Meteor Shower this weekend

Check it out:

Early Sunday (May 5), just before dawn, we’ll have an opportunity to see some of the remnants of the most famous of comets briefly light up the early morning sky.

The famed Halley’s Comet made its last pass through the inner solar system in 1986 and is not due back until the summer of 2061. But each time Halley sweeps around the sun, it leaves behind a dusty trail — call it “cosmic litter” — that is responsible for two meteor showers on Earth each year. The first of those “shooting stars” displays, the Eta Aquarid meteor shower, will peak on Sunday.

The Eta Aquarid meteor shower occurs each year in early May because the orbit of Halley’s Comet closely approaches the orbit of Earth in two places. The first is the May timeframe, which leads to the Eta Aquarids. The other point occurs in mid-October, producing the Orionid meteor shower.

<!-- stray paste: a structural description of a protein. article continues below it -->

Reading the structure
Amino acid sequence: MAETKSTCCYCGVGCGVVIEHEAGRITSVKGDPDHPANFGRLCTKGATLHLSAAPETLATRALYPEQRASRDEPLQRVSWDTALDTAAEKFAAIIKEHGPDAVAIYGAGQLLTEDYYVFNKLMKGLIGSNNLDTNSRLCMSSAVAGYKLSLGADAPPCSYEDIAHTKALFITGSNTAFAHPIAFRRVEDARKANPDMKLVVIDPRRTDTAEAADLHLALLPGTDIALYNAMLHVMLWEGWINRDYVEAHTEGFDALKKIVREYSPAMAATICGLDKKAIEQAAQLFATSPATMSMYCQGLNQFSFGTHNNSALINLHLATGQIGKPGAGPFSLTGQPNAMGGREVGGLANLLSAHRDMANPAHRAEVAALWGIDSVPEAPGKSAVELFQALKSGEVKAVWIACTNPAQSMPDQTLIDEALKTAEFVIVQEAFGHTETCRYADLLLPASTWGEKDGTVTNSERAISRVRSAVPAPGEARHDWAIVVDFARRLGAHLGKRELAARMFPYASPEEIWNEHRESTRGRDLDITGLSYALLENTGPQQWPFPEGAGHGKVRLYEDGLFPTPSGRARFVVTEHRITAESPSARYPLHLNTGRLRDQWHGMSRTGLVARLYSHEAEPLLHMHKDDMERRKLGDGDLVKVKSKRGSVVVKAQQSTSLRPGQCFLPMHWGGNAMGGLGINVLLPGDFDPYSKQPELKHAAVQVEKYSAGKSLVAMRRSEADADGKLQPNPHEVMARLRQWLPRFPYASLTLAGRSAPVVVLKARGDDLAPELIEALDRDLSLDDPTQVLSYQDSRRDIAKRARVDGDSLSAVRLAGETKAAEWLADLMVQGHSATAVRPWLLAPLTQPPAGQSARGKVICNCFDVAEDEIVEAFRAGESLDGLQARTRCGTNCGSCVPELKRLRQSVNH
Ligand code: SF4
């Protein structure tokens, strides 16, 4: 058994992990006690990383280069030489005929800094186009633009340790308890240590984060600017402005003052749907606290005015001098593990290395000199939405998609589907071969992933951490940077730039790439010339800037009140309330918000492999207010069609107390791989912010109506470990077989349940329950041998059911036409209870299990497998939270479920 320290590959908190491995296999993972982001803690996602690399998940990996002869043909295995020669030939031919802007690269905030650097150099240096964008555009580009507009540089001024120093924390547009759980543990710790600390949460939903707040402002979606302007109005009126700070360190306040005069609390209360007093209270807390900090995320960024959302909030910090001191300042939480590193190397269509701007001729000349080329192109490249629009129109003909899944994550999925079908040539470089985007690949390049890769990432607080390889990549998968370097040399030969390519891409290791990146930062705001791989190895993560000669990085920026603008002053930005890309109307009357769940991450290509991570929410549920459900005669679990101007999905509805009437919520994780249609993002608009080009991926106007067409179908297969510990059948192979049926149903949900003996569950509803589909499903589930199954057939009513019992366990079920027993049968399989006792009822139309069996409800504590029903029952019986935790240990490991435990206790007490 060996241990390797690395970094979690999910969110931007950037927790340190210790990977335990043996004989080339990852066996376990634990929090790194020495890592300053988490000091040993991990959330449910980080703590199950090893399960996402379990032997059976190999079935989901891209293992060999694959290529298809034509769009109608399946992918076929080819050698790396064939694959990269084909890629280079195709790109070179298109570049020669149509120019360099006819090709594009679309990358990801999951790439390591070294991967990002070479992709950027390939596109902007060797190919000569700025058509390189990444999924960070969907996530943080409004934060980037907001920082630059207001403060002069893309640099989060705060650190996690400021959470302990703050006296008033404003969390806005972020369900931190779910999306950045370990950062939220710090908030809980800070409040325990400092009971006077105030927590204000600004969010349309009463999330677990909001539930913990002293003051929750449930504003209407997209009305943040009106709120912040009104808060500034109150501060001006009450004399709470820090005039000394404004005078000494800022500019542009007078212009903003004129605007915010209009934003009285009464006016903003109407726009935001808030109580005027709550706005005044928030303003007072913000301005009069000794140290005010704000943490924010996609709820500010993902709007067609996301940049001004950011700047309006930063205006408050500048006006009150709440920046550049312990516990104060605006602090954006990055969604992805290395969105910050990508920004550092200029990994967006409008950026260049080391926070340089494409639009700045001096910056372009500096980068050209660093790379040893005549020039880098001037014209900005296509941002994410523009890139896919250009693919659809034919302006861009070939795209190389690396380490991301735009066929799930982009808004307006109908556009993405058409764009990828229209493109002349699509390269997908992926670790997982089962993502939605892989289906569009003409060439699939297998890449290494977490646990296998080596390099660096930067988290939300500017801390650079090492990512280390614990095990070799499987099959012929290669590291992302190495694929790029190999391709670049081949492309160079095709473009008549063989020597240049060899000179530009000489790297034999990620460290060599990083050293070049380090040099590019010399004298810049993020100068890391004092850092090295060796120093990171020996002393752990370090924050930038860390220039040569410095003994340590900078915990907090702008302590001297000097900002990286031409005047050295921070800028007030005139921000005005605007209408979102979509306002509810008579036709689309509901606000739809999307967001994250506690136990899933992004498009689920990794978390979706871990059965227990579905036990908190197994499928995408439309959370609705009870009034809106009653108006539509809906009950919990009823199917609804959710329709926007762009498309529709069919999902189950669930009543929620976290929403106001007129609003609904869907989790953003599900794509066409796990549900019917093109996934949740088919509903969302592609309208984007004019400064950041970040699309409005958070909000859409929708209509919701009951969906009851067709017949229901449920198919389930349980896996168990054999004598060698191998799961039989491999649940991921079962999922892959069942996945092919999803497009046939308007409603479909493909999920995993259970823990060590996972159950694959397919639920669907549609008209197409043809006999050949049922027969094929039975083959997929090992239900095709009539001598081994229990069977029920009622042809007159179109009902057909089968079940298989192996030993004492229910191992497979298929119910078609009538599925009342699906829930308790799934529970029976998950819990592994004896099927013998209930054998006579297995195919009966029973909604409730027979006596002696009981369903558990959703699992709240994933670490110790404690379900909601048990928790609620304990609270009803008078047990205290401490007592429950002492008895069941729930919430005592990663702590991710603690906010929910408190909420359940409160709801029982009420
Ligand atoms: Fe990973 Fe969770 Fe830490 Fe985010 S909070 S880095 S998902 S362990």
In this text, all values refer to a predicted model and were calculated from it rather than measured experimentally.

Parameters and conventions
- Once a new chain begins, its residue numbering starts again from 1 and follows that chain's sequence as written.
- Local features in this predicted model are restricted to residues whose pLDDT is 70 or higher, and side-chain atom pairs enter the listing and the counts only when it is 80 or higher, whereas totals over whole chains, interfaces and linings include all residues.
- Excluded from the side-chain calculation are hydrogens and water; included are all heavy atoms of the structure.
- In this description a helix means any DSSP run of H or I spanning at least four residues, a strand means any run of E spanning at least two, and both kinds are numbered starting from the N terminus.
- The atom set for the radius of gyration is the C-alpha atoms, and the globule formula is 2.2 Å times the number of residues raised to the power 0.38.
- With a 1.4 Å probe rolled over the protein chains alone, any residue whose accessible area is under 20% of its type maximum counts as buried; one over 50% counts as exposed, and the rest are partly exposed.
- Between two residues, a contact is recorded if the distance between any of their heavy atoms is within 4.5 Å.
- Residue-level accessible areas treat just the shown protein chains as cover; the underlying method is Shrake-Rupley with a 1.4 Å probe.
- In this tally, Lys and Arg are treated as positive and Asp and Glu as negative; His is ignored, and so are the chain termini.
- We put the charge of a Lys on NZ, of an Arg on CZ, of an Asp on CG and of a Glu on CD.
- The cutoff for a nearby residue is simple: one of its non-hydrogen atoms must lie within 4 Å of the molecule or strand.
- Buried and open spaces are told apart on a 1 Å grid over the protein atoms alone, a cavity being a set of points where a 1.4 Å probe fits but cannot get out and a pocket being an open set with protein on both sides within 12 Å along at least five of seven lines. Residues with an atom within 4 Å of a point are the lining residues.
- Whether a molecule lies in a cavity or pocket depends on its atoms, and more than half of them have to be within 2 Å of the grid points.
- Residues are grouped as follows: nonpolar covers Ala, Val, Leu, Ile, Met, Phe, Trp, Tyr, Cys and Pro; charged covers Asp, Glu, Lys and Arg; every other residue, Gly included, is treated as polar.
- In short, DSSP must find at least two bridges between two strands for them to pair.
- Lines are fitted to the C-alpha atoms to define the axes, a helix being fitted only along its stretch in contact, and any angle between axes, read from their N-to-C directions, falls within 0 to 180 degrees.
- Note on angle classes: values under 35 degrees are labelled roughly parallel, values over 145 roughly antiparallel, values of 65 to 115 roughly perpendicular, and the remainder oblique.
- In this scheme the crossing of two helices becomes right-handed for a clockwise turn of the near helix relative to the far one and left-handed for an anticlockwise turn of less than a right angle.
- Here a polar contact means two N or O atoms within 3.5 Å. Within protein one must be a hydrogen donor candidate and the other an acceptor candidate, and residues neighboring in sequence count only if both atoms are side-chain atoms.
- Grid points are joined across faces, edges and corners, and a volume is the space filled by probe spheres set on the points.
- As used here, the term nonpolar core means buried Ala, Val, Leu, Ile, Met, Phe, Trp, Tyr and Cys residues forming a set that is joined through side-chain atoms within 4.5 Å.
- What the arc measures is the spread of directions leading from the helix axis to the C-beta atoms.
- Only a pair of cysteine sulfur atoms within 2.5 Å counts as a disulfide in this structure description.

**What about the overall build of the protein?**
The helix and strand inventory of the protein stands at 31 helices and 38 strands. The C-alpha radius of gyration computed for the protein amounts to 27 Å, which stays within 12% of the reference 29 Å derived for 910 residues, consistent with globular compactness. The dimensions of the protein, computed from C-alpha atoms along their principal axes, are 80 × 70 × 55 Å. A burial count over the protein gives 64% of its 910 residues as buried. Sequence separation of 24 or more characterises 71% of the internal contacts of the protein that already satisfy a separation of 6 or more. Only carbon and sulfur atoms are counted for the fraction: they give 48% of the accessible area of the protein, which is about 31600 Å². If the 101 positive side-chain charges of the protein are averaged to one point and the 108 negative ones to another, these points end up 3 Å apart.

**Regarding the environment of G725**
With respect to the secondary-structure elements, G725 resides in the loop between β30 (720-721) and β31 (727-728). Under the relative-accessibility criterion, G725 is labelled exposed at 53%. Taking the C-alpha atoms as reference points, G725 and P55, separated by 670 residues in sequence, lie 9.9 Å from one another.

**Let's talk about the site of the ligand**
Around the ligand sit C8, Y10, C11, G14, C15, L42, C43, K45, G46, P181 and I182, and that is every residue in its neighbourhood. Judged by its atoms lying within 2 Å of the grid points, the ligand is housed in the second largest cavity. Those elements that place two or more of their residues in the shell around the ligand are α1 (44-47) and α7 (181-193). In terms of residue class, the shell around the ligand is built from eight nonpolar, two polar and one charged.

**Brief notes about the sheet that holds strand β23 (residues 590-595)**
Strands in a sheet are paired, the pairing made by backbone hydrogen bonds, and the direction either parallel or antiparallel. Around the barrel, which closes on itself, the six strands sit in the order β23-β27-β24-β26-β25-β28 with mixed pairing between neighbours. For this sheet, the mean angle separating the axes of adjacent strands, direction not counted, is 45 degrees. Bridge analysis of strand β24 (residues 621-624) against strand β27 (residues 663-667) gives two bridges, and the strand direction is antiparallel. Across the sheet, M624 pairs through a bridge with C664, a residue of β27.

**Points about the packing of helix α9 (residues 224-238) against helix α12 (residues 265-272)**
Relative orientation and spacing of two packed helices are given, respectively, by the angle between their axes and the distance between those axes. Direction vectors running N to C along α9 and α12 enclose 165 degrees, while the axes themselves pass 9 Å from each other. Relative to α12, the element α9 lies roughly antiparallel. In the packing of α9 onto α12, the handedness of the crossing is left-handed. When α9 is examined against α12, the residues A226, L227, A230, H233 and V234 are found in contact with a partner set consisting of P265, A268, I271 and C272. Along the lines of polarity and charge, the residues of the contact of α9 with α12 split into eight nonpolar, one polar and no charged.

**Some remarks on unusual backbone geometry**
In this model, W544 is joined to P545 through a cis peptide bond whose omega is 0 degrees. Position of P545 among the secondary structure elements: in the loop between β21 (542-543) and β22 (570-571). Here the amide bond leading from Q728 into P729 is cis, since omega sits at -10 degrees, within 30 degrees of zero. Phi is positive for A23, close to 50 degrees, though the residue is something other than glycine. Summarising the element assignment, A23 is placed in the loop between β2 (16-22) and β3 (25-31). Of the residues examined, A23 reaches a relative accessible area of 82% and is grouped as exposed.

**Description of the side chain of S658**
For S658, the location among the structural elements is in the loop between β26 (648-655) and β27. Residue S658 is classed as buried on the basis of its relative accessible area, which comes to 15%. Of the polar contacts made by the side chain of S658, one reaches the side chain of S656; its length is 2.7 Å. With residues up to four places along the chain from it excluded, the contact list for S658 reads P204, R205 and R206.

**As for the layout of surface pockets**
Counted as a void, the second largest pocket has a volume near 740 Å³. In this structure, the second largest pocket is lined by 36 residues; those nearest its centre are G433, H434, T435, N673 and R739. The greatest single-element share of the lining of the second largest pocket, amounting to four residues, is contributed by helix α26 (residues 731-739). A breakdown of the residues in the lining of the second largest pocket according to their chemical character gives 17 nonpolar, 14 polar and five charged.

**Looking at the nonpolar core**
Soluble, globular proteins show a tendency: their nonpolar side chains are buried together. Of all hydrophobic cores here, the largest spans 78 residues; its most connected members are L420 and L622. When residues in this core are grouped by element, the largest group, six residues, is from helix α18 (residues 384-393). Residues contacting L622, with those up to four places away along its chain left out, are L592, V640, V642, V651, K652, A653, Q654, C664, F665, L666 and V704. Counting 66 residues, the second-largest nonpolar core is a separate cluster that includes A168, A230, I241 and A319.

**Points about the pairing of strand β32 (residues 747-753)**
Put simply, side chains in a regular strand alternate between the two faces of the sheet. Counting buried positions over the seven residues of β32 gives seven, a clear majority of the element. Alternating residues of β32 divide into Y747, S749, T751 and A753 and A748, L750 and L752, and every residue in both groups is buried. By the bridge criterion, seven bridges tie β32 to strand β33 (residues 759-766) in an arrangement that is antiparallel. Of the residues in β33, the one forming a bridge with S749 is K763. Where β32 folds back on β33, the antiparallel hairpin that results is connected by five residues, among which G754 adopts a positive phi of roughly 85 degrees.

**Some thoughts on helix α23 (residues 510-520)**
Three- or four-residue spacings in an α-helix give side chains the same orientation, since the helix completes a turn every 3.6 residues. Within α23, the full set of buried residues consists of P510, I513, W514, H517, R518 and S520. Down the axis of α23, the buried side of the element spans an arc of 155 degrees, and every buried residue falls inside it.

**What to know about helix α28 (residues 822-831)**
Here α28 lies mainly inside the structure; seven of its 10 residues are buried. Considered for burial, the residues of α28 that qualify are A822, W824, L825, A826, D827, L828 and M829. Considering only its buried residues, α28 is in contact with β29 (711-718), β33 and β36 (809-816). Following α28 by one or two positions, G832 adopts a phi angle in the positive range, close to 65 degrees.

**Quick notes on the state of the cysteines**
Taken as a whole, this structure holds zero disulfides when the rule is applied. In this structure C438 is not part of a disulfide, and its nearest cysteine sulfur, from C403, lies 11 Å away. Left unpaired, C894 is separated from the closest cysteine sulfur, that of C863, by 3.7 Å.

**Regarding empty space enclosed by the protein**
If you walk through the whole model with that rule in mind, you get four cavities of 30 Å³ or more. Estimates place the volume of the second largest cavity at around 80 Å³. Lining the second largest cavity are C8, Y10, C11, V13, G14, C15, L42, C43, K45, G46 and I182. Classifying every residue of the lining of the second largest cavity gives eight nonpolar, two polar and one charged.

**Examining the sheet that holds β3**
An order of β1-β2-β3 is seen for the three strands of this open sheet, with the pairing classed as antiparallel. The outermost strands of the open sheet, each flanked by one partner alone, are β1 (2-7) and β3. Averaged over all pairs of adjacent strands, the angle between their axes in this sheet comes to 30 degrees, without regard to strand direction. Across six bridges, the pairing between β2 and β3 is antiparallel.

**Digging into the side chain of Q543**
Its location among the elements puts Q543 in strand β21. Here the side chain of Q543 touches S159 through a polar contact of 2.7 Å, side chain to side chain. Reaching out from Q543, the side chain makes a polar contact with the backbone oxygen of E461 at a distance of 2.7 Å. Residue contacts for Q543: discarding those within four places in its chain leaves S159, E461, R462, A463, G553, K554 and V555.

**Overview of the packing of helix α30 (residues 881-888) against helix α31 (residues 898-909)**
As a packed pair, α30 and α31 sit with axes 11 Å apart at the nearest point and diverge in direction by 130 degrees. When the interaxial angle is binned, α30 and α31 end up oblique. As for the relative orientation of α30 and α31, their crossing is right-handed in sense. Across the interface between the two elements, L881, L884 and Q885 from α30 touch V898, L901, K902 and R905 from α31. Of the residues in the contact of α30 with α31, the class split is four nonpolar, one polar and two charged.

This may be one of the exceptionally few times where there’s a clear sky and no full or near-full moon where I am during one of these events (or at least it seems that way).

Orionid meteor shower

Take a look outside late tonight:

According to NASA’s website: “Earth will pass through a stream of debris from Halley’s Comet, (the) source of the annual Orionid meteor shower. Forecasters expect 25 meteors per hour when the shower peaks on Oct. 21.”

The best part of this cosmic display: No telescope required—but you may need an alarm clock. According to L.A.’s Griffith Observatory, the brightest displays will fall between 11 p.m. Saturday and 5:40 a.m. Sunday, Pacific time.

At this point I’m just going to assume there will 100% cloud cover where I am since that seems to the trend for these sort of things. However, I will still at least take a peak outside in hopes of catching a glimpse of things.